Linked by Thom Holwerda on Tue 6th Jan 2009 21:34 UTC
Windows Tech ARP has a collection of dates regarding Microsoft's update program. The upgrade program concerns upgrade paths from Windows Vista to Windows 7, and basically entails that when you buy a Windows Vista machine after July 1 2009, you will get a free upgrade to Windows 7 once it's released. The data also confirm a number of versions for Windows 7.
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RE: Smorgasbord
by flanque on Wed 7th Jan 2009 01:36 UTC in reply to "Smorgasbord"
flanque
Member since:
2005-12-15

F*uck you Microsoft! Take another page out of Appleā€™s play book and stop with the moronic version smorgasbord!


As opossed to the smorgasbord of linux distribution variations? If ever there's confusion about what variation to install, it's in the Linux operating system bubble.

Reply Parent Score: 2

RE[2]: Smorgasbord
by sbergman27 on Wed 7th Jan 2009 01:45 in reply to "RE: Smorgasbord"
sbergman27 Member since:
2005-07-24

If ever there's confusion about what variation to install, it's in the Linux operating system bubble.

You often jump too quickly to conclusions, flanque. The OP seems more partial to OpenBSD. And last I looked, there was one OpenBSD. He has a point, and is standing on firm ground. And your post was tangential to that topic.

Reply Parent Score: 2

RE[3]: Smorgasbord
by flanque on Wed 7th Jan 2009 02:56 in reply to "RE[2]: Smorgasbord"
flanque Member since:
2005-12-15

You often jump too quickly to conclusions, flanque. The OP seems more partial to OpenBSD. And last I looked, there was one OpenBSD. He has a point, and is standing on firm ground. And your post was tangential to that topic.

I often jump too quickly to conclusions? Really? Perhaps it's just an alternative point of view that doesn't align with yours. It's possible, but hey, I best not just too quickly to that conclusion.

I wasn't talking about specifically Apple's demonstration of how to do it.

I also wasn't suggesting that Bink thinks it's OK for Linux distributions yet somehow not OK for Windows varients.

I was talking about the general comment of Microsoft making the apparent availability of a smorgasbord of varients and constrasting that to the smorgasbord of Linux distribution varients.

The top 10 page on distrowatch even says (italic and bold mine):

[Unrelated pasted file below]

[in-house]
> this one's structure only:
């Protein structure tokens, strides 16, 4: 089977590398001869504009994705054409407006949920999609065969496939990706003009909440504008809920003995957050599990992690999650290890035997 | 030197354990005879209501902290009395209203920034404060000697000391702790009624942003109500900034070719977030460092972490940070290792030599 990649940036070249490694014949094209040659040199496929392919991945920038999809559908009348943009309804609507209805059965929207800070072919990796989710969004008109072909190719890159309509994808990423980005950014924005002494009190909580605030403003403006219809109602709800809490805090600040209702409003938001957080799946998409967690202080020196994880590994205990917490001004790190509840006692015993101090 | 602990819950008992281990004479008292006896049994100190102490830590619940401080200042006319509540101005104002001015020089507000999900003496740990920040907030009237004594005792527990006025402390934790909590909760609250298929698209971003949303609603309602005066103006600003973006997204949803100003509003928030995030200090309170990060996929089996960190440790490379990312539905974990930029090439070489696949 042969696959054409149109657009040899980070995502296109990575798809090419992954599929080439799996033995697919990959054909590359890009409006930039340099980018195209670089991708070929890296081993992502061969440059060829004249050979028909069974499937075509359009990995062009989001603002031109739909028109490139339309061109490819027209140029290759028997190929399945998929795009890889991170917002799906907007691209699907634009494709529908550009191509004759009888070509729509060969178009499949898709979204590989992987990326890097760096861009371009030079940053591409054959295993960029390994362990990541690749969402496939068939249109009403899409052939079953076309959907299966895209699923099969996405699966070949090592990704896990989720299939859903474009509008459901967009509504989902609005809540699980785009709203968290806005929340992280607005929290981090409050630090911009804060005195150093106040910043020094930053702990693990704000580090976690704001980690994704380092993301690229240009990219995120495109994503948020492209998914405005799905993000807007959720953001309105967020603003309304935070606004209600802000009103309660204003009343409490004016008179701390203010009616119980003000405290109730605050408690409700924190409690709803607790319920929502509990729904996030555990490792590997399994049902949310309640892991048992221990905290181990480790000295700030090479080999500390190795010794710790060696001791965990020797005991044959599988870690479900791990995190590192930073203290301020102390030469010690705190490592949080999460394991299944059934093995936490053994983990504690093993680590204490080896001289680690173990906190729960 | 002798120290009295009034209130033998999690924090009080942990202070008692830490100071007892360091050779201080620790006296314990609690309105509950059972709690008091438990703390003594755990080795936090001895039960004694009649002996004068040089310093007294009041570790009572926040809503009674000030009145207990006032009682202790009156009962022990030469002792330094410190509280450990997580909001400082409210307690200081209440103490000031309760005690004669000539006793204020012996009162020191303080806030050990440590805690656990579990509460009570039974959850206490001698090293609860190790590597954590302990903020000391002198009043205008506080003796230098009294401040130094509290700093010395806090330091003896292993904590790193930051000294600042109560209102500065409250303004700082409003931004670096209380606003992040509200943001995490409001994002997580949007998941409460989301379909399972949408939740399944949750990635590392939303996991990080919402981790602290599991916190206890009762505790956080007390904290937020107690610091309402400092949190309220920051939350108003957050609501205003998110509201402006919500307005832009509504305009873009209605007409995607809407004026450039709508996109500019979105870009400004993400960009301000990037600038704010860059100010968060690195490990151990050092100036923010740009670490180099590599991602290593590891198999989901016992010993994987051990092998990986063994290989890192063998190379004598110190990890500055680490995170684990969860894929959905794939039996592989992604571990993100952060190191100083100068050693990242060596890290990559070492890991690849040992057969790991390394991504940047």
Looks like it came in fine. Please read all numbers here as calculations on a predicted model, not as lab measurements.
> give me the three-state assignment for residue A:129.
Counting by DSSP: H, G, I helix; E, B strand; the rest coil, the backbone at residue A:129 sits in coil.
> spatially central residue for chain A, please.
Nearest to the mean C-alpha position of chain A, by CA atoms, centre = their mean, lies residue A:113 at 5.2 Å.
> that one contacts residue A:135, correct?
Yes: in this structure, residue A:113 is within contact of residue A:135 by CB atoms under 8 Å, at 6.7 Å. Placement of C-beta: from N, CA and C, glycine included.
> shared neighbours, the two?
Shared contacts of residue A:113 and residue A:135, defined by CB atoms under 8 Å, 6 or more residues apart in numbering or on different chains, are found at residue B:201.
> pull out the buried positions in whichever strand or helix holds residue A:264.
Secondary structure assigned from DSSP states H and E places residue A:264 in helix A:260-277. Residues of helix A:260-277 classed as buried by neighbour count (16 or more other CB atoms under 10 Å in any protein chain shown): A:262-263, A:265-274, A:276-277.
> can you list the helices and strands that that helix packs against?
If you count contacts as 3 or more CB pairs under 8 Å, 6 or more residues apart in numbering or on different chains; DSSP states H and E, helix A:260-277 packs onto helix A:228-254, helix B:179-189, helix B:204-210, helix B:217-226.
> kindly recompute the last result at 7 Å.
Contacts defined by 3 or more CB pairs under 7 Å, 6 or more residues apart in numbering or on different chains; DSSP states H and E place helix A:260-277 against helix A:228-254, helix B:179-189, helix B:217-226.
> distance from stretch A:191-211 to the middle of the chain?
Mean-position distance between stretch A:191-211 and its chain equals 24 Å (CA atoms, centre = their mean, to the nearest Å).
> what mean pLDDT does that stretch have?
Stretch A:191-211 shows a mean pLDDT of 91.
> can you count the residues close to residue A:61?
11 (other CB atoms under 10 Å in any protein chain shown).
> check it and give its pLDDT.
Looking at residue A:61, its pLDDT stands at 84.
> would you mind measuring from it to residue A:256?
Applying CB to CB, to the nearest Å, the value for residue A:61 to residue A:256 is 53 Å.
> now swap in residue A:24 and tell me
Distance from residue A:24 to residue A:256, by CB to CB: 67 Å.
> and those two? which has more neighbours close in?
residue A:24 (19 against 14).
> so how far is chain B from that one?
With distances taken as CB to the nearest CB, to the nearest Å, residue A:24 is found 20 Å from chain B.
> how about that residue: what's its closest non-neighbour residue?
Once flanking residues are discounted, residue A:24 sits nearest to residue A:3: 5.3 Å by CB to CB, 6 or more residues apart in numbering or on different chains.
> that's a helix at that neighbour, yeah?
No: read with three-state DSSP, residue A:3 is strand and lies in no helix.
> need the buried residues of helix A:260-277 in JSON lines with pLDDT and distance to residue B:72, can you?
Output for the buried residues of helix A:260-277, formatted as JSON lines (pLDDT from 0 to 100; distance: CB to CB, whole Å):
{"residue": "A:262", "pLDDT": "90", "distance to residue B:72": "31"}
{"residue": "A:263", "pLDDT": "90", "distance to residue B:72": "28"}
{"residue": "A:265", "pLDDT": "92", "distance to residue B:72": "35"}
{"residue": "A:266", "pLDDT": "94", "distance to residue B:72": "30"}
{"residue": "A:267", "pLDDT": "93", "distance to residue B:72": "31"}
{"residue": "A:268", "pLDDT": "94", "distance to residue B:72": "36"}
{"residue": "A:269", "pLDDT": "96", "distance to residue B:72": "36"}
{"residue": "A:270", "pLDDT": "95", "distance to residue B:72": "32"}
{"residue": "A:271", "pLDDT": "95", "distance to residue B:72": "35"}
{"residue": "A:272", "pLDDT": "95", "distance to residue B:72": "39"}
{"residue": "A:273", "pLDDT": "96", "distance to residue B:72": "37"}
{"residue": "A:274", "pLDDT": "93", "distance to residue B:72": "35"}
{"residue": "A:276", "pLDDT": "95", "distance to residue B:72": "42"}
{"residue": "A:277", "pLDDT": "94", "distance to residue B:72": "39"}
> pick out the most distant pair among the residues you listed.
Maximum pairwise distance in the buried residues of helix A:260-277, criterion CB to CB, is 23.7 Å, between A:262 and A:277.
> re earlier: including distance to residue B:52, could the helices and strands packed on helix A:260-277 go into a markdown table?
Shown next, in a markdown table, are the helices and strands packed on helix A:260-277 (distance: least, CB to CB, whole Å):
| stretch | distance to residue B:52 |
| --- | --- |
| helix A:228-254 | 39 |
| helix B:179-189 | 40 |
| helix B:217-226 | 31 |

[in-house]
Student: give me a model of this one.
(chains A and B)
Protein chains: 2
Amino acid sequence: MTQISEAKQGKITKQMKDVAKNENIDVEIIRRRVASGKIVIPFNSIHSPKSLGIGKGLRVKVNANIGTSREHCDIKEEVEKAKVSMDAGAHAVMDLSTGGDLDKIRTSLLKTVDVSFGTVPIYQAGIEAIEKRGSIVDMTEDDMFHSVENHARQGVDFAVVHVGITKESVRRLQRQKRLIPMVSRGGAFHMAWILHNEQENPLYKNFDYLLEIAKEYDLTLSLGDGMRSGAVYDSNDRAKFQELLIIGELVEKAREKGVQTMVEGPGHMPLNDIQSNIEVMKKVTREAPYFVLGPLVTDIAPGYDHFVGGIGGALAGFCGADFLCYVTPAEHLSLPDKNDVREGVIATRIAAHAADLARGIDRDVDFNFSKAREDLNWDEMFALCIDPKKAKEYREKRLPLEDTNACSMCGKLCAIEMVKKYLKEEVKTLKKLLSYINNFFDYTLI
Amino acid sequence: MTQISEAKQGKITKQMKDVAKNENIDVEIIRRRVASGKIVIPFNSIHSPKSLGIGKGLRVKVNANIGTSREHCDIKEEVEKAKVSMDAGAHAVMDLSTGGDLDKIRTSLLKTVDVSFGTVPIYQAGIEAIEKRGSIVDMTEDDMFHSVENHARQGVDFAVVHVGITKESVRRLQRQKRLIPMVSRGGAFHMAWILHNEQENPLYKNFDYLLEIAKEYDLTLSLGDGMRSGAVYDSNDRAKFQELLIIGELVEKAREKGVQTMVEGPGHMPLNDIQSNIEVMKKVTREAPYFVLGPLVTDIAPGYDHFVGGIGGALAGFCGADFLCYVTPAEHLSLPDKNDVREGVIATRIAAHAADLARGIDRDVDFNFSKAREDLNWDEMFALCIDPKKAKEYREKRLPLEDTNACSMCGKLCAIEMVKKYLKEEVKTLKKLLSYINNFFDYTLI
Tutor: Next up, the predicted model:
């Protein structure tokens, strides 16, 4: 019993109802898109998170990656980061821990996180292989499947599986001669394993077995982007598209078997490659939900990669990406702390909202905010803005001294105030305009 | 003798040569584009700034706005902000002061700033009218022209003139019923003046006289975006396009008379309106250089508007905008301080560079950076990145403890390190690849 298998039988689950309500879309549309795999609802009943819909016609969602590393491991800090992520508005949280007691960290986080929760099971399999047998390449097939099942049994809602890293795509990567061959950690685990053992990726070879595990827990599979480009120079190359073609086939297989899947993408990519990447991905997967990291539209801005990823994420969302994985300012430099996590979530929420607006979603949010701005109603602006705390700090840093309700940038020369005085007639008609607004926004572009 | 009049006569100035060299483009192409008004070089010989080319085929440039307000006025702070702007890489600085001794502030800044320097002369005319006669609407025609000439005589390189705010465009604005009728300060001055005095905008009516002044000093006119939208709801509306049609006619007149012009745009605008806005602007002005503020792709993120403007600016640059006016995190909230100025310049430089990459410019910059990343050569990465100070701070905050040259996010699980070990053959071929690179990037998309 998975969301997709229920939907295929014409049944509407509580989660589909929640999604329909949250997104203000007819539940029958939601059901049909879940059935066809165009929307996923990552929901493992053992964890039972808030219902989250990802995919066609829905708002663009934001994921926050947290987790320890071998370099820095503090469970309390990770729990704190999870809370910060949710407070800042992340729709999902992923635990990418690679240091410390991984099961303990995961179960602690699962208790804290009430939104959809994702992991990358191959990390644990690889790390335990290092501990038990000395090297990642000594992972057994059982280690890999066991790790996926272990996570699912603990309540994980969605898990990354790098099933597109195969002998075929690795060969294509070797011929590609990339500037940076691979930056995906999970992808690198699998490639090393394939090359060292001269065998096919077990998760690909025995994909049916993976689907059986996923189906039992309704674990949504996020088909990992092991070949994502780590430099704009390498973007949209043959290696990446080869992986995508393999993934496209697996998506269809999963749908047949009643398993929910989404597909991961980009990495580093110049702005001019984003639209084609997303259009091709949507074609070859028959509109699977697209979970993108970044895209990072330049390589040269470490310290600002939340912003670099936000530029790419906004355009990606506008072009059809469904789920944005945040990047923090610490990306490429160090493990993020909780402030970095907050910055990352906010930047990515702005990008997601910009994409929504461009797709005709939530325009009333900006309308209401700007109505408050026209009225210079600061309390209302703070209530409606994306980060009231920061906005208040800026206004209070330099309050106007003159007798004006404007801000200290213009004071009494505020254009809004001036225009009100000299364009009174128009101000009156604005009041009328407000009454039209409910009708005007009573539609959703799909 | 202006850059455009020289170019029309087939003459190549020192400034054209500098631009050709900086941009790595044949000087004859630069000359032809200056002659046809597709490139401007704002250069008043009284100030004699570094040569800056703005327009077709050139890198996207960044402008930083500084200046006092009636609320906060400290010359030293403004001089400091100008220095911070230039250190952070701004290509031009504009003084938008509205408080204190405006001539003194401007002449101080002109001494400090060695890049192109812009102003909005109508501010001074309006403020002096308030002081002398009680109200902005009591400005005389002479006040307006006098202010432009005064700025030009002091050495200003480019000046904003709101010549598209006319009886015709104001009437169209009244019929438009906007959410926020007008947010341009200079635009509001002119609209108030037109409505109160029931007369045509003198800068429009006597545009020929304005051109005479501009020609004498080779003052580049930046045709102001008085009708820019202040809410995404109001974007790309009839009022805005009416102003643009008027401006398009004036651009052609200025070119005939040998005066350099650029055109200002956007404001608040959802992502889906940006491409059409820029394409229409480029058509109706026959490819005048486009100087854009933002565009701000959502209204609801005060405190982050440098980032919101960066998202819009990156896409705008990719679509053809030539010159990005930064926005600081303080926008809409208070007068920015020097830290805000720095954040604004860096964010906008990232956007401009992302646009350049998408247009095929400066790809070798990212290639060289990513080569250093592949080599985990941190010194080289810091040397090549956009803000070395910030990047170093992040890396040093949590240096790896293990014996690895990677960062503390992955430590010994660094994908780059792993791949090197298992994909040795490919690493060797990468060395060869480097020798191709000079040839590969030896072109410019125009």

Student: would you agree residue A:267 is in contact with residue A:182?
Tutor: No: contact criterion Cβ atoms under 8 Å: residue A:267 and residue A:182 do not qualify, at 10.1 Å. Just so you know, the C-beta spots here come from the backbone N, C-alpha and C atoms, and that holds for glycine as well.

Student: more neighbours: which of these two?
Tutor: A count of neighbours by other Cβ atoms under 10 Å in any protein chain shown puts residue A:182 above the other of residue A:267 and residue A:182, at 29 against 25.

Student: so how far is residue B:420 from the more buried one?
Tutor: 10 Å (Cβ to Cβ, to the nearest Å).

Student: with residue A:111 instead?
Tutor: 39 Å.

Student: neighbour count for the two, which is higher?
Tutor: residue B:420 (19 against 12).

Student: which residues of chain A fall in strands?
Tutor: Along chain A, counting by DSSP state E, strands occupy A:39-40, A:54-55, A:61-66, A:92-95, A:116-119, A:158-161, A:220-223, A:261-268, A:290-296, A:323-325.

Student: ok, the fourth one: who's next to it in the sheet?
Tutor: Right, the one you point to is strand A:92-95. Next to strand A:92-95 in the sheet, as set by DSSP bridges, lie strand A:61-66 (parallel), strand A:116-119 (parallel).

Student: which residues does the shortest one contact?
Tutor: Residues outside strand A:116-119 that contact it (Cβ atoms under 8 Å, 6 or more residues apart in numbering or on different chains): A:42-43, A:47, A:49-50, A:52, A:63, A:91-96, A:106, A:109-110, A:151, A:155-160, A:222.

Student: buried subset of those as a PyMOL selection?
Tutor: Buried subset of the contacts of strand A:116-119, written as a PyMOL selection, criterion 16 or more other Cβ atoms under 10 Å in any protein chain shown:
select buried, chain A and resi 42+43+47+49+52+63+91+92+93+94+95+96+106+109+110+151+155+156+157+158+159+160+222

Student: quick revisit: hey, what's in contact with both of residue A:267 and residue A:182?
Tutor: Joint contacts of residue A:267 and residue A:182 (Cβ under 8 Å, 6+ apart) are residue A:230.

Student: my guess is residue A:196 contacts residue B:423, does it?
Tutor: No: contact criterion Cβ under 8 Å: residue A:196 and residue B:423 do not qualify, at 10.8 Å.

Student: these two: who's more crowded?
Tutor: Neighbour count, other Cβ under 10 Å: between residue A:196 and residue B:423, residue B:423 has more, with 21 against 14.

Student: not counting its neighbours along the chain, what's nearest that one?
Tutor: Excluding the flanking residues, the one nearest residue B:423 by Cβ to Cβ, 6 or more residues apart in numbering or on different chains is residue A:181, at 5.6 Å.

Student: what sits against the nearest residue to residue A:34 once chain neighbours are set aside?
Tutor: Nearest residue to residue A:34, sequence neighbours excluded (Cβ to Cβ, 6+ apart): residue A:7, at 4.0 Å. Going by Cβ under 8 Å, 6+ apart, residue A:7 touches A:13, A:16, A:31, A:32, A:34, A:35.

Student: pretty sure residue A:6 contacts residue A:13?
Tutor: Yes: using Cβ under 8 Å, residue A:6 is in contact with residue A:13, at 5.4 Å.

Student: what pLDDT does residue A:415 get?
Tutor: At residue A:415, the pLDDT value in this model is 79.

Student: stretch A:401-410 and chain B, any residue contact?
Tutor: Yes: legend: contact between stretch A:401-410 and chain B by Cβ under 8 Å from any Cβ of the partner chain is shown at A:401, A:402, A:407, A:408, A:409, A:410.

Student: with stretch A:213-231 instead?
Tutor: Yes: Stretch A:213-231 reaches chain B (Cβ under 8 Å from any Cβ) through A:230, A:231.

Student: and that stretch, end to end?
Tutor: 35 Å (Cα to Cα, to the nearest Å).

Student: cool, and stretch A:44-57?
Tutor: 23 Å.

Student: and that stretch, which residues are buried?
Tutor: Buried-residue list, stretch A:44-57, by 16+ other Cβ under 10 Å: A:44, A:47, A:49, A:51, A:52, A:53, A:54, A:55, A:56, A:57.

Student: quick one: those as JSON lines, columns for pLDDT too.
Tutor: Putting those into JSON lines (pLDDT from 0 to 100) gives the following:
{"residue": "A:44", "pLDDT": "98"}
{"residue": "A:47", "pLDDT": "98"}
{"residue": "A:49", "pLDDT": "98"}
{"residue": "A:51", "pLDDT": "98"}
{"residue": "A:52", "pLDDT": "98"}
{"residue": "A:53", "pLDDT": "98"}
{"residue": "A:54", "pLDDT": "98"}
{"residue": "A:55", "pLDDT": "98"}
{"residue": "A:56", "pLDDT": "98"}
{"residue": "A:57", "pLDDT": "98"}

The bewildering choice and the ever increasing number of Linux distributions can be confusing for those who are new to Linux.


That's all "on-topic". Your injection of personal references to me is more tangential, if anything.

Edited 2009-01-07 02:57 UTC

Reply Parent Score: 3

RE[2]: Smorgasbord
by UltraZelda64 on Wed 7th Jan 2009 03:37 in reply to "RE: Smorgasbord"
UltraZelda64 Member since:
2006-12-05

As opossed to the smorgasbord of linux distribution variations? If ever there's confusion about what variation to install, it's in the Linux operating system bubble.

At least with Linux, there are some noteworthy (read: major) differences between distros. They tend to cater to their own specific purposes of existence quite well, and then there are the general-purpose distros that don't hold anything back. Almost all of them being free, of course.

Windows is meant to be a general-purpose OS, so you'd expect it to have just about every OS-related feature that you need... yet, you always get the feeling, "man, I got screwed--I have to pay more to get another feature that I was able to use perfectly fine on another computer that had Windows [version] installed."

Either that, or you plop 400 bucks down on Ultimate (for whatever reason), and feel screwed for spending so much money just to be able to run your computer (and still being limited by things like the number of other computers allowed to connect to it at a time). You're basically screwed either way, the way I look at it.

Too bad Microsoft won't get realistic on their SKUs and pricing... yet, they'll practically pay certain governments in developing countries to use (and get locked into) their operating systems.

Reply Parent Score: 3

RE[3]: Smorgasbord
by google_ninja on Wed 7th Jan 2009 13:27 in reply to "RE[2]: Smorgasbord"
google_ninja Member since:
2006-02-05

75% of distros are debian or fedora with a different theme and/or different packages.

That is not "noteworthy difference", it is just noise. And we are not talking about 7 here, it is at least 100 that have no real reason for existence.

Edited 2009-01-07 13:28 UTC

Reply Parent Score: 5

RE[2]: Smorgasbord
by dagw on Wed 7th Jan 2009 15:06 in reply to "RE: Smorgasbord"
dagw Member since:
2005-07-06

As opossed to the smorgasbord of linux distribution variations?

What does that have to do with anything? Just because there is someone worse doesn't make you good. Being second from last should never be anyones goal in any situation. The OP is spot on. Microsoft really should cut down on the number of versions they offer, no matter what Linux or anybody else may or may not do.

Reply Parent Score: 3

RE[2]: Smorgasbord